An entertainment, much similar in character to those sustained by the Elocution Society last winter, has been given a few remaining efficient members of that society with the aid of some fresh comers to the town. It is to be regretted, doubtless, that the general desire to repeat last season’s doings as regards magnitude, and which has been so frequently expressed by the numerous patrons of this Society cannot be met in the way it is wished. An additional proof of the esteem in which the members of the Society above mentioned are held was afforded by the presence of a more than crowded and select audience which collected in good times on Monday evening last in the Town Hall. The programme, as heretofore, comprised a choice selection: recitation and reading being followed by song and duett[sic] &c.  The duett[sic] “The Larboard Watch,” by Messrs Thomas and F Paulin, pleased immensely, and was determinedly encored. The whole terminated with a concerted piece entitled, “The Man with the Carpet Bag,” and did not fail to highly amuse the company.  The chair was kindly and efficiently filled by Mr W Plumbe.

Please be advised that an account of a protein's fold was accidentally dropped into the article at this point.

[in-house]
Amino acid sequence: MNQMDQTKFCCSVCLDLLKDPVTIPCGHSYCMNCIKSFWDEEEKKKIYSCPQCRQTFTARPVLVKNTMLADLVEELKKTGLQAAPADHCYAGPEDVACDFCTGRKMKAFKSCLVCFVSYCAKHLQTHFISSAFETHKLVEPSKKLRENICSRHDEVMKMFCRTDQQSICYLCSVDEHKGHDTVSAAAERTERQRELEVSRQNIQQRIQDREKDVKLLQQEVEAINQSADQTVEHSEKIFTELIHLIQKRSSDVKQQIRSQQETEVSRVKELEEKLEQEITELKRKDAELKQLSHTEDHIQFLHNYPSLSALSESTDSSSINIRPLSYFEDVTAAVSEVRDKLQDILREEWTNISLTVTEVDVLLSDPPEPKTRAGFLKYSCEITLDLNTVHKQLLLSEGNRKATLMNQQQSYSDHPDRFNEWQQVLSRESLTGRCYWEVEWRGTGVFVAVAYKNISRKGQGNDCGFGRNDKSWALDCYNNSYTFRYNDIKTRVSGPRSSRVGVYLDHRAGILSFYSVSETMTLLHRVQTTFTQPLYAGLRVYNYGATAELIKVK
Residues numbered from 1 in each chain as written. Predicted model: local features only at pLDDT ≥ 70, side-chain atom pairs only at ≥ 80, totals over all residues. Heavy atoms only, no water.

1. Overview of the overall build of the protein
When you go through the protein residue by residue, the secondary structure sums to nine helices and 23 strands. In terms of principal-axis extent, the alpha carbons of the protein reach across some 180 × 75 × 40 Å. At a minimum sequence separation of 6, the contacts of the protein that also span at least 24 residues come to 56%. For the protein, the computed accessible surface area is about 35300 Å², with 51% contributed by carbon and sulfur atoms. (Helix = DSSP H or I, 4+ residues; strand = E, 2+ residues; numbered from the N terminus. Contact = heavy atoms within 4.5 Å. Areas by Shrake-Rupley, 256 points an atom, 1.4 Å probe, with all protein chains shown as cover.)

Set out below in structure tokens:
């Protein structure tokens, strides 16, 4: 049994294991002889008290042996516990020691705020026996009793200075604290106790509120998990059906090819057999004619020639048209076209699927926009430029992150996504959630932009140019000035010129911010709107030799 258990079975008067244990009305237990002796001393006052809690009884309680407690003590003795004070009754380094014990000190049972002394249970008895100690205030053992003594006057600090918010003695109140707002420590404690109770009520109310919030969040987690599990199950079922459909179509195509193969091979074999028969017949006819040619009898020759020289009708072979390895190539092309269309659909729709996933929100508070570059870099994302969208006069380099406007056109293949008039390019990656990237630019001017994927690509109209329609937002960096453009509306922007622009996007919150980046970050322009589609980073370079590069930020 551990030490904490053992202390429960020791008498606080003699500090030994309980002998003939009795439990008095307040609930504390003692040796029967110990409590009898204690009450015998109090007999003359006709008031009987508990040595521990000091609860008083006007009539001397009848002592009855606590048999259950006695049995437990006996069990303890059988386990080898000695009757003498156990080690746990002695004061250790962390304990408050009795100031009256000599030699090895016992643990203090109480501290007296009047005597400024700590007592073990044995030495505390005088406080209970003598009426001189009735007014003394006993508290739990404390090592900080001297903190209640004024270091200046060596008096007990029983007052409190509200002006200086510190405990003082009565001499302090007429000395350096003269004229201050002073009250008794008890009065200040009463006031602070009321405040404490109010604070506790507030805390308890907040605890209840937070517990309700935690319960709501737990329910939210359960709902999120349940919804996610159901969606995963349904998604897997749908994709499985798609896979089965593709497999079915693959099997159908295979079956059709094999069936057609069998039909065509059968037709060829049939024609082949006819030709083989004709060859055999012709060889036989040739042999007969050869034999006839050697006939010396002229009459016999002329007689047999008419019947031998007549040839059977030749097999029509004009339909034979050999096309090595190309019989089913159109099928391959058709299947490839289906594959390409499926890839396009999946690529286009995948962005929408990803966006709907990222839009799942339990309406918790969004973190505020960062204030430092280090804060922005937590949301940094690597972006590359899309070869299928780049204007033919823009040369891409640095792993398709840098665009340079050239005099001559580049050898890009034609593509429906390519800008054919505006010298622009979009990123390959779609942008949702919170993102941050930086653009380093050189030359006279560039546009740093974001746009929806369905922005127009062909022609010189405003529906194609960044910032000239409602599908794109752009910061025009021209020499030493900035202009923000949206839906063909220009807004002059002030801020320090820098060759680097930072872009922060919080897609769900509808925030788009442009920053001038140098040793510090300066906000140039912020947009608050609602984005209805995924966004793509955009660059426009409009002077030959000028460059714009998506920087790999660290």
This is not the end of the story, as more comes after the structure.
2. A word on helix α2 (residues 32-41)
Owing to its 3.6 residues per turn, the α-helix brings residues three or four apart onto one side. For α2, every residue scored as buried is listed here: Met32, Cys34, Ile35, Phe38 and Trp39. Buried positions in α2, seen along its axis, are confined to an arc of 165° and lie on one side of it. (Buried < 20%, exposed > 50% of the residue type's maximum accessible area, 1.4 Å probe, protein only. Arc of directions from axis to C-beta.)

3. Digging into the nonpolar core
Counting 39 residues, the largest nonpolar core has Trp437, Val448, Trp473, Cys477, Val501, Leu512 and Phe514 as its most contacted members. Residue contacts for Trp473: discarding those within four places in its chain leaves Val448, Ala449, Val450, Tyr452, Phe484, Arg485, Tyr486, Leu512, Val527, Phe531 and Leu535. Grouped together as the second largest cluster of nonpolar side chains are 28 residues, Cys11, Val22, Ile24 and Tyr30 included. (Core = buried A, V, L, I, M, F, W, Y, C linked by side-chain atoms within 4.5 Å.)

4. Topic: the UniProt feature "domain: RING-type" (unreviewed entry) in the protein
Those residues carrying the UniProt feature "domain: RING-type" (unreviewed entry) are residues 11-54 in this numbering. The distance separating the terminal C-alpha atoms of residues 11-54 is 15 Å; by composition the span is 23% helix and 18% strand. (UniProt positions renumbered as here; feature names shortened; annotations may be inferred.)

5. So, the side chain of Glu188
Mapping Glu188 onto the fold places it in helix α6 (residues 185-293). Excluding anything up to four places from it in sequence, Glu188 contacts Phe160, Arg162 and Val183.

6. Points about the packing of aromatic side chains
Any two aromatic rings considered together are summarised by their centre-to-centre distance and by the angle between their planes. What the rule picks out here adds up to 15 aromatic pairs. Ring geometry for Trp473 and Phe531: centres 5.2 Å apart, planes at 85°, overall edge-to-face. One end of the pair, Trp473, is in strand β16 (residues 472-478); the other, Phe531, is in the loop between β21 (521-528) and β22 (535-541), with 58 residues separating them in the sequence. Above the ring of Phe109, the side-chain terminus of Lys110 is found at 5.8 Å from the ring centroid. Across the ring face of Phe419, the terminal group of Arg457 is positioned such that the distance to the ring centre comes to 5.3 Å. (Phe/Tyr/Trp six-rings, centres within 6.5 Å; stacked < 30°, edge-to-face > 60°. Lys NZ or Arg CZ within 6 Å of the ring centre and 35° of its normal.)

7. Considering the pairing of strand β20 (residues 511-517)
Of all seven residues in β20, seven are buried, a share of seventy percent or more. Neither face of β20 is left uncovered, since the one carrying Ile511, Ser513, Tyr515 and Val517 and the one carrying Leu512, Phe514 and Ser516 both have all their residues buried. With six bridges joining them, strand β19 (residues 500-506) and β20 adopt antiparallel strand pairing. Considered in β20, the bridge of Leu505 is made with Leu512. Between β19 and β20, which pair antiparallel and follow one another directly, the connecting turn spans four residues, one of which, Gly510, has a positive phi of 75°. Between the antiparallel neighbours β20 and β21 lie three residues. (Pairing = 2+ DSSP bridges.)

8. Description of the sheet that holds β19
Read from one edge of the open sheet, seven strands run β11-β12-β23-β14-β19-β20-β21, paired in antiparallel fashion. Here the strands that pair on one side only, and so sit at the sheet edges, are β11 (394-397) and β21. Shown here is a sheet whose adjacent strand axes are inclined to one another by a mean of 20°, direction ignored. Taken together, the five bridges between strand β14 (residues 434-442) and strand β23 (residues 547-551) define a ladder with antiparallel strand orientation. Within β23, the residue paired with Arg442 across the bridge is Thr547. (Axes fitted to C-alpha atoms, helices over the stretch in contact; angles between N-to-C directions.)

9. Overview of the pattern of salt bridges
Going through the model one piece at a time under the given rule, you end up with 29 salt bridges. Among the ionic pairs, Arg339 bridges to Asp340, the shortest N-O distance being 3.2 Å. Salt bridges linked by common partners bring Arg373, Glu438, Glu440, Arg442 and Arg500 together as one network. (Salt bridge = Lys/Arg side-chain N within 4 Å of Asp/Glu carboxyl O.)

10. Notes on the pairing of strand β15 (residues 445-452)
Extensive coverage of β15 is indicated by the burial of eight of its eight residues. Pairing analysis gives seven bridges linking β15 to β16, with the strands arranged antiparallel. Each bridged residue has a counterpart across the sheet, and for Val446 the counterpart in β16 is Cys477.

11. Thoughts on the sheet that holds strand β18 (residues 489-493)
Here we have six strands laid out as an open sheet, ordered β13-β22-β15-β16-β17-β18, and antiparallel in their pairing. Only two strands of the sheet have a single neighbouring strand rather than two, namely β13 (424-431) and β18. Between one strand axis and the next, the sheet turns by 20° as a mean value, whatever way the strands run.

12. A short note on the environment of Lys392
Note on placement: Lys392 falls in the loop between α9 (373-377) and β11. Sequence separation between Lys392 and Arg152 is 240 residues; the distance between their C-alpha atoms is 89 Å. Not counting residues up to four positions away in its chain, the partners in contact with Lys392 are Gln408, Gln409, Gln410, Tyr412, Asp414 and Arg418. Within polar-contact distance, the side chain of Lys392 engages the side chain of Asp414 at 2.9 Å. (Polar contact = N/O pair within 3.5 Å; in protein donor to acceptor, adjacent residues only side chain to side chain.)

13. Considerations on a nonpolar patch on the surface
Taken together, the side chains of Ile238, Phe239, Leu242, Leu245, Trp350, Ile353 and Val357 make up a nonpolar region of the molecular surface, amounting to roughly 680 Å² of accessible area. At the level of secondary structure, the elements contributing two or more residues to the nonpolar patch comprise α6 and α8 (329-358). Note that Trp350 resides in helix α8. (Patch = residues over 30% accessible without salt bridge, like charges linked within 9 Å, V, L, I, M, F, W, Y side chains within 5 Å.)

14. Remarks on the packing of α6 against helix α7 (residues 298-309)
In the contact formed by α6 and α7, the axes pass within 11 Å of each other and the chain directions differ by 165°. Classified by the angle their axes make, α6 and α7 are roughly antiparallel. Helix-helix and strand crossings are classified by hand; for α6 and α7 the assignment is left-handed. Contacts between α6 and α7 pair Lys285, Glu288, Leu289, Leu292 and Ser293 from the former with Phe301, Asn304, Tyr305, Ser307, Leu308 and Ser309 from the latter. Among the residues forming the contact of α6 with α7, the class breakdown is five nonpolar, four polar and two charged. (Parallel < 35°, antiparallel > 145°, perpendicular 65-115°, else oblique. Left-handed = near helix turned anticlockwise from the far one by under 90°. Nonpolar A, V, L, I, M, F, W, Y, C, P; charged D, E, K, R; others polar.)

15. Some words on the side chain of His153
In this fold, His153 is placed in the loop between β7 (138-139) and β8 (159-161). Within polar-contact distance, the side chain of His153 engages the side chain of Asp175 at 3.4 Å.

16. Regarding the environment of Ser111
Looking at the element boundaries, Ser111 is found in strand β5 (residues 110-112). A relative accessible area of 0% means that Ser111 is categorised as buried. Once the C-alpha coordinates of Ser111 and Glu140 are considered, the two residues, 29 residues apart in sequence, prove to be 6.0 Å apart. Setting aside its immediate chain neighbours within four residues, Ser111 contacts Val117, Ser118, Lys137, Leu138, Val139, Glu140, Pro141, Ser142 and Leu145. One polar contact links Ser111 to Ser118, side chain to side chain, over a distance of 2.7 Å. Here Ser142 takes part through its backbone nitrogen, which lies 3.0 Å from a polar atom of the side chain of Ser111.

Oxford Journal, 9 February 1867 page 8